It's treating your customers and your followers like friends. It's asking the questions as having conversations with them. It's responding to every comment. Well, not every comment. I don't respond to climate change [inaudible 00:09:14] anymore. It's collaboration, not competition. Now, this is something that's definitely gaining traction in the business world finally, because there's a saying, I can't remember who said it, but I think it's brilliant, "The sustainability race is one when the last business crosses the finish line." Right?

If we truly want to change the world, we need to collaborate with one another, not compete. So collaborative partnerships that help you move into another community are a great way to expand your community. If you can find a business that has the same values or very similar values to you and your customers, it's an excellent way to open up into new ones.

The key to a successful company is a feedback loop. And I'm not saying every three months you throw out a big 20-minute long survey. I'm saying you are constantly available for your customers, whether that is through social media, whether you constantly ask questions on your stories on Instagram, which I highly recommend. That's what I do all the time. Whether you've got a form online that they can fill out at any point in time with giving you an idea or some feedback or, Hey, I actually didn't really like what you did here. Can you please change that?

You are going to get respectful feedback 90% of the time. And yeah, you're going to have some people who are a bit dickish about it. Regardless of their delivery, you want to have a look to see if what they're saying is reasonable and fear. And if it's not, then throw it in the bin, but have a good think about it. A community built brand is self-aware. It has a high EQ. Just like empathetic brand, people who are self-aware know their own failures, understand and respect them and appreciate that they're not perfect, but constantly work on themselves. That's kind of like what a brand is. We're getting a bit touchy feely now, and some people mentioned that they talk about brands like people, people, but they kind of are, or a good one is anyway.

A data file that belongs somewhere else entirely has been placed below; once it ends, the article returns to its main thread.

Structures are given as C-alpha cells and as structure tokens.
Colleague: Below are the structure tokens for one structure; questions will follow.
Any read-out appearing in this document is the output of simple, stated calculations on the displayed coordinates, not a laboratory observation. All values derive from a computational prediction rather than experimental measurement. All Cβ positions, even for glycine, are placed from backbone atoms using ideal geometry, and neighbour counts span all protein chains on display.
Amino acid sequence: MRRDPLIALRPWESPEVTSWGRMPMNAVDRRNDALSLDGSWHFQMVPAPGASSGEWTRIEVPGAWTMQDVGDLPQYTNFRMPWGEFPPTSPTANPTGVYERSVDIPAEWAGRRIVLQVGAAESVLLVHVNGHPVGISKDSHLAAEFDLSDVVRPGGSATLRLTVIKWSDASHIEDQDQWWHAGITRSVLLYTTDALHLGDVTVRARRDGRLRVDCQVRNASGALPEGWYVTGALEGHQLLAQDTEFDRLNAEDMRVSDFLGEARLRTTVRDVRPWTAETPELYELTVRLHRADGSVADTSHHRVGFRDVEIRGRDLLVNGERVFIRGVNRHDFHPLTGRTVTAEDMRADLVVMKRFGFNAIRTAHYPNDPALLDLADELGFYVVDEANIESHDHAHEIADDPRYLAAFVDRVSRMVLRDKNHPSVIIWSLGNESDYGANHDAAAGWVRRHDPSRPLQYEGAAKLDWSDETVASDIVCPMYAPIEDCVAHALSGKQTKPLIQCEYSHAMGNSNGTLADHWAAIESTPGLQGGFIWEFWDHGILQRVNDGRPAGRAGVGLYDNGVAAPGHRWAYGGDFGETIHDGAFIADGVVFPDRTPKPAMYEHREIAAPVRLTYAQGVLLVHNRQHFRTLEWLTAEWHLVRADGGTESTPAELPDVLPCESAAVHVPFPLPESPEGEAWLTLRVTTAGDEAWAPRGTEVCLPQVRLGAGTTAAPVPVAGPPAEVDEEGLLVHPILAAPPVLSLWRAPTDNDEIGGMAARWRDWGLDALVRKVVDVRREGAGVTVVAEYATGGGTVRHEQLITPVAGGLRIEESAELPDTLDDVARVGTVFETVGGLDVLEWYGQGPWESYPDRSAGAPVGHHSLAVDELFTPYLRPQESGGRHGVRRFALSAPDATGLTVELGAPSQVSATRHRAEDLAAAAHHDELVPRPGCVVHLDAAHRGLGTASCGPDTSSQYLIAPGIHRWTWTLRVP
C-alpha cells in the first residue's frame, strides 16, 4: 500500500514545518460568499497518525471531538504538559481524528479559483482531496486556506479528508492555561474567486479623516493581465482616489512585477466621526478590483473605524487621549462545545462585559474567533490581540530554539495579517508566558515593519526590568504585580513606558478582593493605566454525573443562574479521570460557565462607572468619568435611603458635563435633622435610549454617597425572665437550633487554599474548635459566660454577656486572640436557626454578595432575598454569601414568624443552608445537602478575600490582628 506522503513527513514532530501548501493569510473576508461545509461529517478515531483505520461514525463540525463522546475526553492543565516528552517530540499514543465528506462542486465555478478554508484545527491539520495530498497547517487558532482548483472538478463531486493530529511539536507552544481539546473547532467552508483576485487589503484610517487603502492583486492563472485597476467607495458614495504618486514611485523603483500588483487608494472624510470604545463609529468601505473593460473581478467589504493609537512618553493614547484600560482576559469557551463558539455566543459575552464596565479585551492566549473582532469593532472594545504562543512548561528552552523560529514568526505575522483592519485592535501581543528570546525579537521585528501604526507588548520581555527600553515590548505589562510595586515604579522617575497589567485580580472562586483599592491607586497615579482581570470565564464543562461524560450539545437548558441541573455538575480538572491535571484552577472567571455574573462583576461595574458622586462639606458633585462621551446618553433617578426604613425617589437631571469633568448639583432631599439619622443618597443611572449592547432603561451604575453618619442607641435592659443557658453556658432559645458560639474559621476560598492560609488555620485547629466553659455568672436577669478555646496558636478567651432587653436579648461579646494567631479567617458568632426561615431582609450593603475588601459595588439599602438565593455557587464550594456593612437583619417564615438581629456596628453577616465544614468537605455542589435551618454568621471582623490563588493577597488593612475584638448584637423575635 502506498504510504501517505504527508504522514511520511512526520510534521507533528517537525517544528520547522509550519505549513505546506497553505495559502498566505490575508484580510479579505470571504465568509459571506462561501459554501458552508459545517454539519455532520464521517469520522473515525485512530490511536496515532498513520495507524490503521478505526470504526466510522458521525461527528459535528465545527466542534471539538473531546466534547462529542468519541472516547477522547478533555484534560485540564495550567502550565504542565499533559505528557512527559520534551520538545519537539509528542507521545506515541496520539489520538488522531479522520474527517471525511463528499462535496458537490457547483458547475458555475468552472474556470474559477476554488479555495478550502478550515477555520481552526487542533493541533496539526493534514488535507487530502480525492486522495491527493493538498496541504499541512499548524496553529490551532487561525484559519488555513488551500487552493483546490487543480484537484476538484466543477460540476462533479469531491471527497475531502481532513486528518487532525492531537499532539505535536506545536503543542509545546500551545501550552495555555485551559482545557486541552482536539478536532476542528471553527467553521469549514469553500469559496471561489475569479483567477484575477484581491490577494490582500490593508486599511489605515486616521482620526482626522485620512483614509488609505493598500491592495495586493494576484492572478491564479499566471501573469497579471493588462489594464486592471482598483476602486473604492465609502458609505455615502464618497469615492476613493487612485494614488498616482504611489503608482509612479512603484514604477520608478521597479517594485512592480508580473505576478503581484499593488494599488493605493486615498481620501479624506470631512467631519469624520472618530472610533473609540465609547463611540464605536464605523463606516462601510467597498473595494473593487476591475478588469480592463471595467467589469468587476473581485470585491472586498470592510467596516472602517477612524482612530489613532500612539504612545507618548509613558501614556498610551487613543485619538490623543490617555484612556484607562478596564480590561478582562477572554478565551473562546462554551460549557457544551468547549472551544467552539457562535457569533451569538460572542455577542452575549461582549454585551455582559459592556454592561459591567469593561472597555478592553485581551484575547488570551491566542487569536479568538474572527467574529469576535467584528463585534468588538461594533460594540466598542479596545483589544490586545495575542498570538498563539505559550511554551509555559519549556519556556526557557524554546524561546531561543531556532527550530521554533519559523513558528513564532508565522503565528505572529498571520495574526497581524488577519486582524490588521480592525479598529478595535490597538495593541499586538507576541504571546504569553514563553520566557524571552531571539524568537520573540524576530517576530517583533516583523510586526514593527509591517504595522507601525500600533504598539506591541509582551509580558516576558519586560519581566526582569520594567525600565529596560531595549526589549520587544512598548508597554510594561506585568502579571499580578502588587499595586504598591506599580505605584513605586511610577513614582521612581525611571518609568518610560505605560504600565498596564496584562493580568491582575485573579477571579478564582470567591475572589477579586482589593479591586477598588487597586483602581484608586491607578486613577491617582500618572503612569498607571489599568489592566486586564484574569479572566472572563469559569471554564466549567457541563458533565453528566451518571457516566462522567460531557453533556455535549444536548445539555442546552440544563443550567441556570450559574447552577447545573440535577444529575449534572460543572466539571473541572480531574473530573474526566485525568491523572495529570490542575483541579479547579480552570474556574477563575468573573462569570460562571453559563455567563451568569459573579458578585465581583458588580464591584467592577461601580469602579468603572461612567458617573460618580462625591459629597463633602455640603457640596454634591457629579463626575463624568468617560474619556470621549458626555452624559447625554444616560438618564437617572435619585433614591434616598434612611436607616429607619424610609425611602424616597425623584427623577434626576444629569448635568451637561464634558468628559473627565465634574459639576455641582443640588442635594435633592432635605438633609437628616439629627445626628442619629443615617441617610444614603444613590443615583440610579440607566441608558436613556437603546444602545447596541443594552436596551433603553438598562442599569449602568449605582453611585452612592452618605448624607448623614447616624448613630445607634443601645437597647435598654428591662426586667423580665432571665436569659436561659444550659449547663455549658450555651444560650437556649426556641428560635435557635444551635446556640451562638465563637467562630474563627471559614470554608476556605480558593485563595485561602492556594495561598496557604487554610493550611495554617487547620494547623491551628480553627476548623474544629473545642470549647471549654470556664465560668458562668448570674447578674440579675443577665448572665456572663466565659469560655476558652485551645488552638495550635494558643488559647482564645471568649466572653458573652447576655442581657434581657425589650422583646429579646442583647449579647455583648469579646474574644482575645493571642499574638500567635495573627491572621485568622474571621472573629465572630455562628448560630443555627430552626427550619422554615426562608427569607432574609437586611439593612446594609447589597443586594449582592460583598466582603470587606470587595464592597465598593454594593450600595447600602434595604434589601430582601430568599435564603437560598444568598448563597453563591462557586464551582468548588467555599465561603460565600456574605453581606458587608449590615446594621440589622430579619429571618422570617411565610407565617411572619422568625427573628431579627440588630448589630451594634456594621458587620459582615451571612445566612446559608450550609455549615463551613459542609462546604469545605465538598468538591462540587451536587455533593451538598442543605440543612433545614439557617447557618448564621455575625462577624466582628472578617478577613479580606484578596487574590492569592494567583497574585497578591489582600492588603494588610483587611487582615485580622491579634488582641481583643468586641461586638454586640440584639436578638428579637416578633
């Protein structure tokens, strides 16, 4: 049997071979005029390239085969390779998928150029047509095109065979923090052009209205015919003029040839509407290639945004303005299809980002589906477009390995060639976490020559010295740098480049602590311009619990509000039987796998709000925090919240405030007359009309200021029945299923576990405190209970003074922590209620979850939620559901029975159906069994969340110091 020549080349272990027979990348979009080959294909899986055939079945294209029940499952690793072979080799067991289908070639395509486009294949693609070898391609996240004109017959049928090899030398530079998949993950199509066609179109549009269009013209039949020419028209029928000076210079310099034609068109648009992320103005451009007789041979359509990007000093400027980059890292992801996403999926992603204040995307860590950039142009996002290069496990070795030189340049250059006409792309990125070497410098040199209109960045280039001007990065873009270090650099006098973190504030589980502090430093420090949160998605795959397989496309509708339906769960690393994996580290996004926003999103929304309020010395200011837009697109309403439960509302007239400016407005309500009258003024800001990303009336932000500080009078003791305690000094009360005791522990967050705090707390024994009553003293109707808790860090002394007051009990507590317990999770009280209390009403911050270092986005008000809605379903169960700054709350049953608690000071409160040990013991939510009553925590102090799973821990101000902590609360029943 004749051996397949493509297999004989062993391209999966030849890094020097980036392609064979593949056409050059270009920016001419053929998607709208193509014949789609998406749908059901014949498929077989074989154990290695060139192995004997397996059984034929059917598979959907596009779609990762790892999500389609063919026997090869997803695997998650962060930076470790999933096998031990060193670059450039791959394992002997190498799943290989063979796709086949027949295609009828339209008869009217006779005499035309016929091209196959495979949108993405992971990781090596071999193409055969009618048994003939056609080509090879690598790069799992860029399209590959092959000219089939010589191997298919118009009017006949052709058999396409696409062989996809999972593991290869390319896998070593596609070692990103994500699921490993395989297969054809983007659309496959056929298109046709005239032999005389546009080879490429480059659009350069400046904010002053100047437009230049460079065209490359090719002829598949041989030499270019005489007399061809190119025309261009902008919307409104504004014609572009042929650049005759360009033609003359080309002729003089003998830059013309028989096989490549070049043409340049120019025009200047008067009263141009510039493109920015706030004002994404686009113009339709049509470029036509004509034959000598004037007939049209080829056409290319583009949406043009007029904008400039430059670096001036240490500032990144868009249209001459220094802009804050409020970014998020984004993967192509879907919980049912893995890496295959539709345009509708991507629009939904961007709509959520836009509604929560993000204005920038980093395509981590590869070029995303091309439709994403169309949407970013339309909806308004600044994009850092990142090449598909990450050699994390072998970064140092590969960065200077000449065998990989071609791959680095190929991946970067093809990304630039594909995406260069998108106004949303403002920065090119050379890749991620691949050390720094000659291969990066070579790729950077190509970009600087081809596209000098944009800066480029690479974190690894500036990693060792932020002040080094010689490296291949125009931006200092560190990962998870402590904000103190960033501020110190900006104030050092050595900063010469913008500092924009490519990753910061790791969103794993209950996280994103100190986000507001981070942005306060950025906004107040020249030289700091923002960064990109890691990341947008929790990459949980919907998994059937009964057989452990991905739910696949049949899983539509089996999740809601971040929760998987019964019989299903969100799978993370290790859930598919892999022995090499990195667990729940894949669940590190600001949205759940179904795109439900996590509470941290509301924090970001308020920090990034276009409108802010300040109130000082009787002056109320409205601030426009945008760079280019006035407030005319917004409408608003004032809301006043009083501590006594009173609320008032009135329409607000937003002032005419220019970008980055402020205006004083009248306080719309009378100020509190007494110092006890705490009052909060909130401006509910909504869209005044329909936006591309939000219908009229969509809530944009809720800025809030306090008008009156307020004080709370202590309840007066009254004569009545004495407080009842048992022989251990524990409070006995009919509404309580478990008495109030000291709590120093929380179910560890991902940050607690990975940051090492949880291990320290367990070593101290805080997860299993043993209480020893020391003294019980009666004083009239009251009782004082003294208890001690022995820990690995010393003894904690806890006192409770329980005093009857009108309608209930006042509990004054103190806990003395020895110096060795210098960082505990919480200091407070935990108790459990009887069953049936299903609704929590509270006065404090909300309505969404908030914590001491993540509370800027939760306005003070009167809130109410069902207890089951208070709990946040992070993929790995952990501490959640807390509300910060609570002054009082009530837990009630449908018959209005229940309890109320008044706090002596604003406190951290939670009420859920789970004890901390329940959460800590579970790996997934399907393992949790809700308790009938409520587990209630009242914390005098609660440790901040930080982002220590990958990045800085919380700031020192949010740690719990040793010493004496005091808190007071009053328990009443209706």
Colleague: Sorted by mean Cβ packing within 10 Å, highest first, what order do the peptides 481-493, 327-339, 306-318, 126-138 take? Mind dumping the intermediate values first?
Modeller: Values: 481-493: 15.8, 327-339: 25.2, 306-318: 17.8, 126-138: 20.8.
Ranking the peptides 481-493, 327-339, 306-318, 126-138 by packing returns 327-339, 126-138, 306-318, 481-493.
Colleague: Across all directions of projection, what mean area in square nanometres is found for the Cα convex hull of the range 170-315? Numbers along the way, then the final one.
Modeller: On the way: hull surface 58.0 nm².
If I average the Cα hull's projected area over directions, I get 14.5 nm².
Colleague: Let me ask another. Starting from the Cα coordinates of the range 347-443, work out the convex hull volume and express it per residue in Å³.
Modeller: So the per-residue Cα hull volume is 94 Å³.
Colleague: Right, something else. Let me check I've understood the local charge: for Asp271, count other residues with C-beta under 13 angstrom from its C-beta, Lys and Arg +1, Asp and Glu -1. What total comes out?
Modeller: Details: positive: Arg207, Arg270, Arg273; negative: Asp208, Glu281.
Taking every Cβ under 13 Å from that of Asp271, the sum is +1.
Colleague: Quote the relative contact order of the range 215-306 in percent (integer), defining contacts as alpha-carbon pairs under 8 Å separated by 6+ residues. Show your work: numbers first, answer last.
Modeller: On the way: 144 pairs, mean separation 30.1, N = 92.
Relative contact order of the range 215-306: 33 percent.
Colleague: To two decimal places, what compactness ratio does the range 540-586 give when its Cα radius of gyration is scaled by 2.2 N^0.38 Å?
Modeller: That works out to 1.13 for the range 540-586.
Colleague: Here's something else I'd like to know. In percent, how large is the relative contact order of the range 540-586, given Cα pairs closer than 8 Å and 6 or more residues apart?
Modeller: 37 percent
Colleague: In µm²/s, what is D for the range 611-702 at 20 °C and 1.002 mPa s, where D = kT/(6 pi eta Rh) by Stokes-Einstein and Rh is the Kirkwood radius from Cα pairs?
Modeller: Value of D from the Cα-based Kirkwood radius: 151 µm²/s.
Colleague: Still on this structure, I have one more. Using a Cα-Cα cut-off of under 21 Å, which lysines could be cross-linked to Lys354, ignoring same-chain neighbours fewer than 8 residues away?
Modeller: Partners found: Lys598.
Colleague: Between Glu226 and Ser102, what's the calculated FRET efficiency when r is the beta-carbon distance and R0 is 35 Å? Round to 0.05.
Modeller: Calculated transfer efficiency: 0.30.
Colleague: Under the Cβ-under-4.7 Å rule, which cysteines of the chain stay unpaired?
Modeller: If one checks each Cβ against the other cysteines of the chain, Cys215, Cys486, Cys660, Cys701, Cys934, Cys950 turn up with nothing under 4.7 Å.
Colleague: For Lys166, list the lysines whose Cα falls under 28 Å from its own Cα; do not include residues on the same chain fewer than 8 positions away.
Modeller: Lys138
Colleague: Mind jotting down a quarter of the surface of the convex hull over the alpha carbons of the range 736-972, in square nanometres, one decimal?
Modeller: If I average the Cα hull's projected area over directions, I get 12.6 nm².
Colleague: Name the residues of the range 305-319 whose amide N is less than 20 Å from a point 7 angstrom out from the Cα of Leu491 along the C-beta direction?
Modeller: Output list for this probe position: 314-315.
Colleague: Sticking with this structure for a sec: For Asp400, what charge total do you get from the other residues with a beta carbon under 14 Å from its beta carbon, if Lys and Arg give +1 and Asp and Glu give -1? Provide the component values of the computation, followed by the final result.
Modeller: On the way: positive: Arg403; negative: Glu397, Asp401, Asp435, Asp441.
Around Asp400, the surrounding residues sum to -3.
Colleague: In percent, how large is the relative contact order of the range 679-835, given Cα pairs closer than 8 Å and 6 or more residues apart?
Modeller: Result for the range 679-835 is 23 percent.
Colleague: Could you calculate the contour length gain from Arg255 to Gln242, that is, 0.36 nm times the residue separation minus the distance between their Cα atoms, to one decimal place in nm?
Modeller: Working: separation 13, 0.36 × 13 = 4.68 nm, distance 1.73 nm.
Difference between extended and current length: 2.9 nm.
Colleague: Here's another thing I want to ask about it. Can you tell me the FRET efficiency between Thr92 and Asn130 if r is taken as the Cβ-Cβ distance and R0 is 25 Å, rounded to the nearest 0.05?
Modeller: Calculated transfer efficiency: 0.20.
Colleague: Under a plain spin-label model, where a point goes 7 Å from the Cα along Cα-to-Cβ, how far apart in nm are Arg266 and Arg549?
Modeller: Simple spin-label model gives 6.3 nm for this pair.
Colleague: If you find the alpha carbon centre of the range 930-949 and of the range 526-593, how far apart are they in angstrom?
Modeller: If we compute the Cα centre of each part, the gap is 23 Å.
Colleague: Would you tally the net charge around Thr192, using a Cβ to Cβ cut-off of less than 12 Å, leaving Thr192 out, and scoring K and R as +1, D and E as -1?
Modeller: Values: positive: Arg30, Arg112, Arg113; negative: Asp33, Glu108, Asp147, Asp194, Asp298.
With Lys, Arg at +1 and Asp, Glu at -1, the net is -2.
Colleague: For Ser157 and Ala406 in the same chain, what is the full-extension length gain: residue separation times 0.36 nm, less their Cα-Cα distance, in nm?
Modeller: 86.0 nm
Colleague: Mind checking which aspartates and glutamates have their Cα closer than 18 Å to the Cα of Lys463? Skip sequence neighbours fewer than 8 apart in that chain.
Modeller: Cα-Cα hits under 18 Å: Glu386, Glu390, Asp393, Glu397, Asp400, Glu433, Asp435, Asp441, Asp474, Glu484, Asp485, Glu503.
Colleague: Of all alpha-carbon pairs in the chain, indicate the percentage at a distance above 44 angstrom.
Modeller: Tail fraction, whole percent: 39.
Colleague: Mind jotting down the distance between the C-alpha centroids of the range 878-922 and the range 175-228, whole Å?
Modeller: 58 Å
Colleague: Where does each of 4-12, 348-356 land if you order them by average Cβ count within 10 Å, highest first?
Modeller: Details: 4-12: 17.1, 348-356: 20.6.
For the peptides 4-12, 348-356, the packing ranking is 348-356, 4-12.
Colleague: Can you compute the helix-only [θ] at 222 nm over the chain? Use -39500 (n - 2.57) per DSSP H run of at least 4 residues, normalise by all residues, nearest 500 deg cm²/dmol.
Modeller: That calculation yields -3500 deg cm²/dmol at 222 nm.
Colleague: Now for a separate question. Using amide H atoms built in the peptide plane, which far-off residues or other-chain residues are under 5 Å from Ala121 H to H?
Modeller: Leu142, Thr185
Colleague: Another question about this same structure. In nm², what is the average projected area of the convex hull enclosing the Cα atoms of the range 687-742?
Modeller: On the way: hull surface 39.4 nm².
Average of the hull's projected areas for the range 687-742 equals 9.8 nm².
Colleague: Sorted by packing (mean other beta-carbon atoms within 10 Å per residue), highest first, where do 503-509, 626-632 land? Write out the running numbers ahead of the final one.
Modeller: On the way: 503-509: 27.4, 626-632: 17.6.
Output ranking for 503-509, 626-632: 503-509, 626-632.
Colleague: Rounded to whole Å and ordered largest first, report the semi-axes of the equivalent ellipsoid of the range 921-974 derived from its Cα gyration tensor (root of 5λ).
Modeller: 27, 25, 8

You don't build a community by constantly talking about your stuff by waving your hands in the ear and saying, "Hey, buy my stuff. Buy my stuff, buy my stuff," which is what I have seen on social media recently. People don't go on social media to buy your stuff. They go on social media to be educated, entertained or inspired by and large. And buying your shampoo bar, that's not going to do any of those things for them. You build a community by talking about the other things that matter.

Sure, 20% of the things you talk about can be your product and you can talk about your product tangentially if you are talking about other things. If for say you are a plastic free drinks brand, you could talk about how there's plastic in cans. You could talk about how there's plastic gyres in the ocean. You could talk about why that matters. You could talk about microplastics found in the human heart. And all of those things were negative. So maybe have a think about your personality as to whether you want to be a negative facing brand, which I don't recommend.

But your community is there to have conversations with you. It's not there to be just soldier stuff. So have a think when you have your hair done, who do you resonate more with the hairdresser who gives you a couple of tips and how you can achieve that and then says, "Oh, and this is what I use to help me deal it." Or the hairdresser that pulls you over to the shelf and says, "Oh, to do this, you need this product, this product and this product." And doesn't give you anything further around it.

I've had both and I know which one I bought my product from and was able to sort of badly do what she did with my hair. That's what you want to have a think about. Do not just be a salesperson. Another way to create community is free resources. So whether it's things like blog posts, which are great for SEO if done correctly and education, but they also help build community because people will go to your website to learn more.